A university nanosatellite on SpaceX's next shared mission
A university nanosatellite on SpaceX's next shared mission

A university nanosatellite on SpaceX's next shared mission

The Latmos InspireSat 7 cubesat is scheduled for launch on April 3, with three major objectives.

Two years after UVSQ-Sat

A little more than two years ago, on January 24, 2021, the mission " sherpa " SpaceX's Transporter 1 had embarked 143 small satellites, including a demonstrator from the Latmos (Laboratoire Atmosphères, Observations Spatiales - Sorbonne University / UVSQ / CNRS), UVSQ-Sat.

It was the first climate study nano-satellite developed by a French university.


Constellation formation

On April 3 a new cubesat 2U (about 2 kg) from Latmos will again be entrusted to the Falcon 9 as part of the Transporter 7 mission, and placed in low  orbit: InspireSat 7.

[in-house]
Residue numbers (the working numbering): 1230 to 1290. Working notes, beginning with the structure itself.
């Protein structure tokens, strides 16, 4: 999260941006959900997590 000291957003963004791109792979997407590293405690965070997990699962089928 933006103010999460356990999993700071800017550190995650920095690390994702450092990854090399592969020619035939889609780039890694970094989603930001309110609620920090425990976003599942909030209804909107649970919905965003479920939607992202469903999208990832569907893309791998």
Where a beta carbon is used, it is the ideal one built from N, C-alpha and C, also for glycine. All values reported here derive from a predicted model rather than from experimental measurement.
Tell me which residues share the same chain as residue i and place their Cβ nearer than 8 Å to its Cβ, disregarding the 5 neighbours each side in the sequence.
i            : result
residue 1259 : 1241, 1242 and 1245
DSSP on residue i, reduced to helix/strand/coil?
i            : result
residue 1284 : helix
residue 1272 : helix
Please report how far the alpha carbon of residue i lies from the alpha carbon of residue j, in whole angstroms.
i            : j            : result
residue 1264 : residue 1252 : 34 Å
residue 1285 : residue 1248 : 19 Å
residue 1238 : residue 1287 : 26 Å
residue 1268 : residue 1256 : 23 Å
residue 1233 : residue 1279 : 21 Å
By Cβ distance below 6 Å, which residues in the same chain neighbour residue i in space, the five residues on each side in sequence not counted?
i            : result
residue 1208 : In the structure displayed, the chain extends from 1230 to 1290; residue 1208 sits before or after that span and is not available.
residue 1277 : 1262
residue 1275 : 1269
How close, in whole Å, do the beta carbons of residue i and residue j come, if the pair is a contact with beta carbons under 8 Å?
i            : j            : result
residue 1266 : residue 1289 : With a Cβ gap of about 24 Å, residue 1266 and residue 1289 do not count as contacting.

It will be launched from the U.S. base at Vandenberg, California.

It will join UVSQ-Sat at an altitude of about 550 km to form a constellation of satellites dedicated to Earth observation.


Major objectives

Two times larger than its predecessor and equipped with miniaturized sensors to measure critical climate variables and test new devices, InspireSat 7 has three major objectives:

- to measure the Earth's radiation budget and characterize the ionosphere

- to test on orbit new technological equipment resulting from research conducted by Latmos, Onera and their academic and industrial partners,

- train students in space engineering professions, from various backgrounds (Master NewSpace of the Université Paris-Saclay, engineering school Estaca, IUT of Mantes-en-Yvelines...).

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